The Hope College Alumni Association will present Young Alumni Awards on Thursday, March 3, to two graduates who have received national recognition for research that they have conducted as they have pursued their careers in the sciences.
The association is recognizing Dr. Emilie Dykstra Goris of Holland, a 2008 graduate who is an assistant professor of nursing at Hope; and Dr. Jonathan Moerdyk of New Alexandria, Pennsylvania, a 2009 graduate who is an assistant professor of chemistry at Seton Hill University in Greensburg, Pennsylvania. The awards will be presented during a dinner at the college’s Haworth Inn and Conference Center at 6 p.m.
The Young Alumni Award was established to honor the talents and contributions that young alumni have made to their professions, their communities and to the college, and was first presented in 2007. Criteria include having been a member of the Alumni Association for 15 or fewer years; notable prominence through professional endeavor, research, volunteerism, and/or involvement with the local or global community or the college; and demonstrating significant initiative by starting innovative service projects, research, businesses or other original enterprises.
Dykstra Goris has been a member of the Hope faculty since 2012. Her teaching and research interests include critical care nursing/acute care of the adult, neuropsychiatric symptoms in Alzheimer’s disease and genetics.
In 2014, she was one of only 25 applicants nationwide chosen to attend that year’s National Institute of Nursing Research Summer Genetics Institute at the National Institutes of Health in Bethesda, Maryland. In 2015, she received the Outstanding Dissertation Award from the Physiology, Behavior, Genomics & Society Research Section of the Midwest Nursing Research Society. Other recognition and support of her work through the years includes the prestigious John A. Hartford Foundation Building Academic Geriatric Nursing Capacity (BAGNC) Predoctoral Scholarship Award for 2011-13, received while she was pursuing her doctorate in nursing at Michigan State University, and a current grant from the Kenneth H. Campbell Foundation for Neurologic Research. She has authored or co-authored multiple articles published in scholarly journals and has made several presentations during professional conferences regarding her research.
Dykstra Goris majored in nursing at Hope, where she participated in collaborative faculty-student research mentored by former faculty member Dr. Susan Dunn. Her activities as a student also included the Hope Student Nurses Association, student-organized Dance Marathon fund-raiser on behalf of Helen DeVos Children’s Hospital, Gospel Choir and Nykerk Cup competition. Among other honors she received as a student, she was named to the college’s chapters of the Sigma Xi science honorary and Phi Beta Kappa.
Prior to returning as a member of the faculty, she was a registered nurse with the Surgical Intensive Care Unit at Spectrum Health Hospitals in Grand Rapids. She also served as an alumna member of the Hope College Nursing Advisory Council and returned to campus as an invited speaker.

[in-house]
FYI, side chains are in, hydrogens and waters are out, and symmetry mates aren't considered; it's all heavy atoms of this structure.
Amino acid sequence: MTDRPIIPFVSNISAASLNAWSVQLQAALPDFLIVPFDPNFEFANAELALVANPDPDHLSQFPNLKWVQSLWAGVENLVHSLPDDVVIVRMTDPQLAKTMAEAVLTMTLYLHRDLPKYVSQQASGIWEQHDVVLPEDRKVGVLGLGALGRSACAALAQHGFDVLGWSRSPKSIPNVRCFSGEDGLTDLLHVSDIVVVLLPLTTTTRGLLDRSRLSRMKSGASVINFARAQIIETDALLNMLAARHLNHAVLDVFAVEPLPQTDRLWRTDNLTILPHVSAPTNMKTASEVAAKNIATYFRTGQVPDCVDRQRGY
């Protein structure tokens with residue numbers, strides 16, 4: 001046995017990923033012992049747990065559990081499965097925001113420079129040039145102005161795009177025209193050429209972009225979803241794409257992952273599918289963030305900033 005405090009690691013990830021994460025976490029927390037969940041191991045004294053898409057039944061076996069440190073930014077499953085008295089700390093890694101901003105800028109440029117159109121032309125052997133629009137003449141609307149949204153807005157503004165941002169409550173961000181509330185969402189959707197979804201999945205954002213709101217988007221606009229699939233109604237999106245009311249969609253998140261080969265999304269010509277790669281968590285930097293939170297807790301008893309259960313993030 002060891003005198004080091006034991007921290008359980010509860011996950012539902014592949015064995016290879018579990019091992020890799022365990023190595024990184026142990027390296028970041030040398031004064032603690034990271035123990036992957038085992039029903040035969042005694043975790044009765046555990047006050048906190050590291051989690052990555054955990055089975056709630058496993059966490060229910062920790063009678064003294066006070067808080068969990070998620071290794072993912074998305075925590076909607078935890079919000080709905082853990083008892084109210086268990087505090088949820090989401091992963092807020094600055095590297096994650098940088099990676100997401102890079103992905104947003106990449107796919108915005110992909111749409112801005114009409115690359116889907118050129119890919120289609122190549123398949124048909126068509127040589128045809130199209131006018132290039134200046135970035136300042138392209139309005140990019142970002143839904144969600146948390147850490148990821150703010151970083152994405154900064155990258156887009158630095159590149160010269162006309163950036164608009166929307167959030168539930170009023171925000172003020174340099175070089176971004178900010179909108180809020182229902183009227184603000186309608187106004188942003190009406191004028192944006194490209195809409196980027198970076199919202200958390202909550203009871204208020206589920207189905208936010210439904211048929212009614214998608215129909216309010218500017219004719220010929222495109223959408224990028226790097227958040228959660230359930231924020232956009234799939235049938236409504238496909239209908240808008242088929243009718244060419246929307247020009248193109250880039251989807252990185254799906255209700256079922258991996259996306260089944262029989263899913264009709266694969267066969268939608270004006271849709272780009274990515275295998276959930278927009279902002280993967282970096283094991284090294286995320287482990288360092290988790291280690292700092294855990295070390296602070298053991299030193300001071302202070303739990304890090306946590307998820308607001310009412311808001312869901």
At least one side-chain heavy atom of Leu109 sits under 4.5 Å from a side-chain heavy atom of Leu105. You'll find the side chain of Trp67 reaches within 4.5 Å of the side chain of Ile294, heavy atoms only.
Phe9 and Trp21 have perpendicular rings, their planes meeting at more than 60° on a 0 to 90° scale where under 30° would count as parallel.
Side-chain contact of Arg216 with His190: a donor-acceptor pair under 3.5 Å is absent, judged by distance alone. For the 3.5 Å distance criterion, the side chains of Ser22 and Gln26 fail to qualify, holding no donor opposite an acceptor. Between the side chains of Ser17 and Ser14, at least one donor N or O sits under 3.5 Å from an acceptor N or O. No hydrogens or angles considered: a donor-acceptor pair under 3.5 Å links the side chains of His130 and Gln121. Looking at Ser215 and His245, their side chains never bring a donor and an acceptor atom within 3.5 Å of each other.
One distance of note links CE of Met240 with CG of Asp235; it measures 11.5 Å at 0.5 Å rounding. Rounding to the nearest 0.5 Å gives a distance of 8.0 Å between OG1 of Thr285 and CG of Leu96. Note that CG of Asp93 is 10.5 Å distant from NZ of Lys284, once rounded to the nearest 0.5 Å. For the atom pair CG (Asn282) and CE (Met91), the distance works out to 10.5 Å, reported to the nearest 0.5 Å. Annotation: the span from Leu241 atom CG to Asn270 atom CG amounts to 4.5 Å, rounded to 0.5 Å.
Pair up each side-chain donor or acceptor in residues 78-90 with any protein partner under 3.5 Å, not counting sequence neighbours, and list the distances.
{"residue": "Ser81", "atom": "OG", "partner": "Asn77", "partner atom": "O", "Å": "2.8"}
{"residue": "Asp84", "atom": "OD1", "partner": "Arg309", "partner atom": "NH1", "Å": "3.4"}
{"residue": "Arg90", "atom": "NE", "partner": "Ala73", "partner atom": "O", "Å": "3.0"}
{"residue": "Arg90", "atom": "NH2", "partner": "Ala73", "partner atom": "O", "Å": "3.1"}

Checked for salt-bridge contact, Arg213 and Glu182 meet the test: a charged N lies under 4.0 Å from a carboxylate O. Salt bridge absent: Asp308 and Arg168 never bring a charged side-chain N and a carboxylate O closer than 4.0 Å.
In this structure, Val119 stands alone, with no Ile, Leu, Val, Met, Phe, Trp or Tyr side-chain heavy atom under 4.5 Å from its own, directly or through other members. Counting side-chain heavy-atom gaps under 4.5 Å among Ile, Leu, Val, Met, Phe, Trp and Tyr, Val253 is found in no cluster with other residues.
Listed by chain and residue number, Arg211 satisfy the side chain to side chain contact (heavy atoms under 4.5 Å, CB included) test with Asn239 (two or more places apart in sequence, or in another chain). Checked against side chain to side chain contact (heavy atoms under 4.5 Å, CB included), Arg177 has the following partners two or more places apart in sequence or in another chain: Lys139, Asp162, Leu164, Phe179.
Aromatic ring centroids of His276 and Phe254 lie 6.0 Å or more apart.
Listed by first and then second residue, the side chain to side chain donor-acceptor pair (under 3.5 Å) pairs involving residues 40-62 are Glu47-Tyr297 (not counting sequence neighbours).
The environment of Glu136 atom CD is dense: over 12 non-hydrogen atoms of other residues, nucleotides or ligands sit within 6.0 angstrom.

Among other community involvement, she is a member of Pillar Church in Holland. She and her husband, Don, have a young son at home.
Moerdyk, a member of the Seton Hill University faculty since 2014, has received multiple honors for his groundbreaking research, conducted while pursuing his doctorate at the University of Texas at Austin, developing diamidocarbenes, a new class of carbon-based compounds aimed at mimicking select properties of metals.
In 2013, he was part of a select group of young researchers from 78 countries invited to participate in the Nobel Laureate Meeting in Lindau, Germany, an opportunity for the newest generation of scientists to mingle with Nobel Prize winners and discuss their work and ideas. He was subsequently named to two “30 Under 30” lists as an outstanding young scientist: by Scientific American in 2013, and by Forbes in 2015. In addition, his doctoral research was highlighted in Chemical and Engineering News in 2012, the same year that he was also named a William Powers Jr. Graduate Fellow.
Moerdyk also received major national recognition as a student a Hope, where as a chemistry major he conducted research with Dr. Jason Gillmore. In 2008 he was presented one of only 321 Goldwater Scholarships awarded nationwide, and in 2009 he received Honorable Mention in the National Science Foundation’s Graduate Research Fellowship program—recognition that he also received in 2010.
In addition to research, his activities at the college included varsity baseball, intramural sports and InterVarsity Christian Fellowship. He was also named to the college’s chapters of Mortar Board, the Sigma Xi science honorary and Phi Beta Kappa.
His wife, Kathryn, is a 2008 Hope graduate. His community activities include science demonstrations for high school and middle school students, Habitat for Humanity and a mission trip to Haiti through Newlonsburg Presbyterian Church. He had an opportunity to connect with current Hope research students this past summer, speaking informally with them while attending the Great Lakes/Central Regional American Chemical Society meeting.
Both Dykstra Goris and Moerdyk will also present workshops hosted by the Alumni Association and the college’s Career Development Center for students as they consider their lives after graduation. Dykstra Goris will present “What Am I Going to Do Now? Goals and Decisions in an Uncertain Time” on Wednesday, March 2, and Moerdyk will present “”Photochromes, Carbenes and Defining Success: A Young Chemist’s Perspective” on Thursday, March 3.